Say specifically what you intend to accomplish and how. Far too many people write letters about what they are going to get from a company and how it is good fit because they want this job. What are you giving back? Here is a time when you can explain how you plan to use your time, energy and insight to offer the sales team or the creative group new ideas and ways to collaborate. Explain how you look forward to contributing. And know the difference between eager and anxious. Eager is positive, anxious is fear-based.
Say something key about the company or organization. You definitely do not want to tell the hiring manager about his or her company, but you do want to show that you have done your research. Express that you would like to be a part of a company that is moving deliberately in this direction or making investments in that movement. Do not say the obvious such as, “I see that Company XYZ has been called a top place to work by ABC Magazine.” Instead, weave it into a sentence this way, “I am eager to work for a company honored by ABC Magazine.”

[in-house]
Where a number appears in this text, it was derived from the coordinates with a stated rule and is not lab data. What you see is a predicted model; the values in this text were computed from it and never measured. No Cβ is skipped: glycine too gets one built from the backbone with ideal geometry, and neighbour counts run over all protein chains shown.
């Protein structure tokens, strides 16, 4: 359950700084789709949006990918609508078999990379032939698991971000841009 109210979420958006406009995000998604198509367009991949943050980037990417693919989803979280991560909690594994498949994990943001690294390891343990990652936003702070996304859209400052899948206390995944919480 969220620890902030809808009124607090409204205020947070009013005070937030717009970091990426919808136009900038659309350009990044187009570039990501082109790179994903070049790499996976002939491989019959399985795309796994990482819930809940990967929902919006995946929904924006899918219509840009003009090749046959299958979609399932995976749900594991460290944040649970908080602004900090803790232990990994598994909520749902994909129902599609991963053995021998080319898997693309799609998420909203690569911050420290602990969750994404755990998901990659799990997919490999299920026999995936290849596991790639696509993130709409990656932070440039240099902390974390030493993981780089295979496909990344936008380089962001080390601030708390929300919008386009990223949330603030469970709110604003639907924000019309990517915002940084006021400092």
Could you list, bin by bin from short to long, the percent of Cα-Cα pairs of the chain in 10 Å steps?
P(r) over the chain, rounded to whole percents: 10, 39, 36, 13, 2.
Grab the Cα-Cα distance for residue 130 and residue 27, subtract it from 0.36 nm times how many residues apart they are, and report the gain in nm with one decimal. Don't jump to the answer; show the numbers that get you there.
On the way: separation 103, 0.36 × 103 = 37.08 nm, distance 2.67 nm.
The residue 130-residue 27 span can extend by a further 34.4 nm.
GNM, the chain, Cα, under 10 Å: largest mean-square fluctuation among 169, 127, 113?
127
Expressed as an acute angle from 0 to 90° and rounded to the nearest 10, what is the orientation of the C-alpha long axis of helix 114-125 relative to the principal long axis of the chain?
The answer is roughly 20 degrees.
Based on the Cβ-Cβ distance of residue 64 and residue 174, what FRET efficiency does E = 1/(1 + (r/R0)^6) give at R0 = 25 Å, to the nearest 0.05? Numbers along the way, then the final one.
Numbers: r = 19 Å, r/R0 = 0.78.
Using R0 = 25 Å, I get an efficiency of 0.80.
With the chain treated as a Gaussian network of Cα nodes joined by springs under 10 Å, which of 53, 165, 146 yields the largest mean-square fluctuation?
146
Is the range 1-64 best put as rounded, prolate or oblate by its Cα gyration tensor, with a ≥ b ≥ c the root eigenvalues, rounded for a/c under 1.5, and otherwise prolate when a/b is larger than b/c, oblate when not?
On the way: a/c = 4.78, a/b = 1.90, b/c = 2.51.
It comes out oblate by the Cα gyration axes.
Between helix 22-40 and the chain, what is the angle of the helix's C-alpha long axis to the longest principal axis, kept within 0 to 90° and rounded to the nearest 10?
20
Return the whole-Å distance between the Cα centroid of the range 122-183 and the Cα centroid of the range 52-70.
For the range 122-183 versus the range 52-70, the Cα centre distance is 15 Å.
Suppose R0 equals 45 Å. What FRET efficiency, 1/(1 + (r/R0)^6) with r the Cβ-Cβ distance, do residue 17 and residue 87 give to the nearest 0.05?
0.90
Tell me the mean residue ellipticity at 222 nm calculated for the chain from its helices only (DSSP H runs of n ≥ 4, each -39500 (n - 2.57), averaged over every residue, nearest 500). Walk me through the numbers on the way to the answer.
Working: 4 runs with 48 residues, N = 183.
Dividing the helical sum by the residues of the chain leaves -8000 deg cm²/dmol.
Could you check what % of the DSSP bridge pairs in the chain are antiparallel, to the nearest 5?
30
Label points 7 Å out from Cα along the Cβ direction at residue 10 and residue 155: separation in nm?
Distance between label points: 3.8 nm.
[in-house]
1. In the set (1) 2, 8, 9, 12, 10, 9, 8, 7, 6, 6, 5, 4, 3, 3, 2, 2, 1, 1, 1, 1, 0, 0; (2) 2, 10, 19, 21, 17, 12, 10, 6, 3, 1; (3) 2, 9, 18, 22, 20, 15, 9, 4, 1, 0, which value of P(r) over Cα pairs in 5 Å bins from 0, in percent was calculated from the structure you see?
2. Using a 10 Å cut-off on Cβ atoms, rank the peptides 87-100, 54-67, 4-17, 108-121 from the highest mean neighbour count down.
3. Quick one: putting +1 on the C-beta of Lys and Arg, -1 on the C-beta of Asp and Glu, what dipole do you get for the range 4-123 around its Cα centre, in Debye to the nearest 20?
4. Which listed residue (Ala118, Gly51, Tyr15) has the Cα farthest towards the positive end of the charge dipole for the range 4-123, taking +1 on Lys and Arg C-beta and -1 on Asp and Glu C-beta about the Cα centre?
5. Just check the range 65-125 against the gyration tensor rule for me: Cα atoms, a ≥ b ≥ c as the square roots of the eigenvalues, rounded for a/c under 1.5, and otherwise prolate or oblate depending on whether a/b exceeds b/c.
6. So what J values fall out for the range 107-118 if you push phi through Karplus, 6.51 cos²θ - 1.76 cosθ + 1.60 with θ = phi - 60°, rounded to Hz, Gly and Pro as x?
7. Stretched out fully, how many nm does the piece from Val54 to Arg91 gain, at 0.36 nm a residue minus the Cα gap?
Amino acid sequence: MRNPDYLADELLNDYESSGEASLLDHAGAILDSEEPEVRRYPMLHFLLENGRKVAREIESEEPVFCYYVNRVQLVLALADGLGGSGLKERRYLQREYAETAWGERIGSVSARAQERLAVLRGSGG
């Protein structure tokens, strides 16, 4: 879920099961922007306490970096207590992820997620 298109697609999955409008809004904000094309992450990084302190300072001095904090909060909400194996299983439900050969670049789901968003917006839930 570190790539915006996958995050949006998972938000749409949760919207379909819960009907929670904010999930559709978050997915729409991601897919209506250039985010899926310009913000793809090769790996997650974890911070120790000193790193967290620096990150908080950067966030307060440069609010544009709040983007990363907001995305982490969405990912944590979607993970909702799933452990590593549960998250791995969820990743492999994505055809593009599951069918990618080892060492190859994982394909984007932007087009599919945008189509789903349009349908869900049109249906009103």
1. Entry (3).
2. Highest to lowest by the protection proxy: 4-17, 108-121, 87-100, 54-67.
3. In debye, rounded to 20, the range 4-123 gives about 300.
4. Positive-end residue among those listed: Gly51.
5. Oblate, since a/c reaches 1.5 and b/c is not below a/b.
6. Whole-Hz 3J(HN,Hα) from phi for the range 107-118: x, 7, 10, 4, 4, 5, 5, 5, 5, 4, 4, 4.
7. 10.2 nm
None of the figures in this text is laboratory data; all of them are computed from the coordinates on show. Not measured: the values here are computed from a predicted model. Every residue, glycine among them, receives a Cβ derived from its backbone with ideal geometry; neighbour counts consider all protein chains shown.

Be positive but do not over-flatter. Throwing down superlatives can make you look desperate. Similar to someone you meet for a first date who gives too many compliments, you can sound insincere if you go overboard with the accolades. Write that this position is a good match for you and your abilities, skills and interests and that you would like to work for a company with this mission because you want to give back to a company of integrity.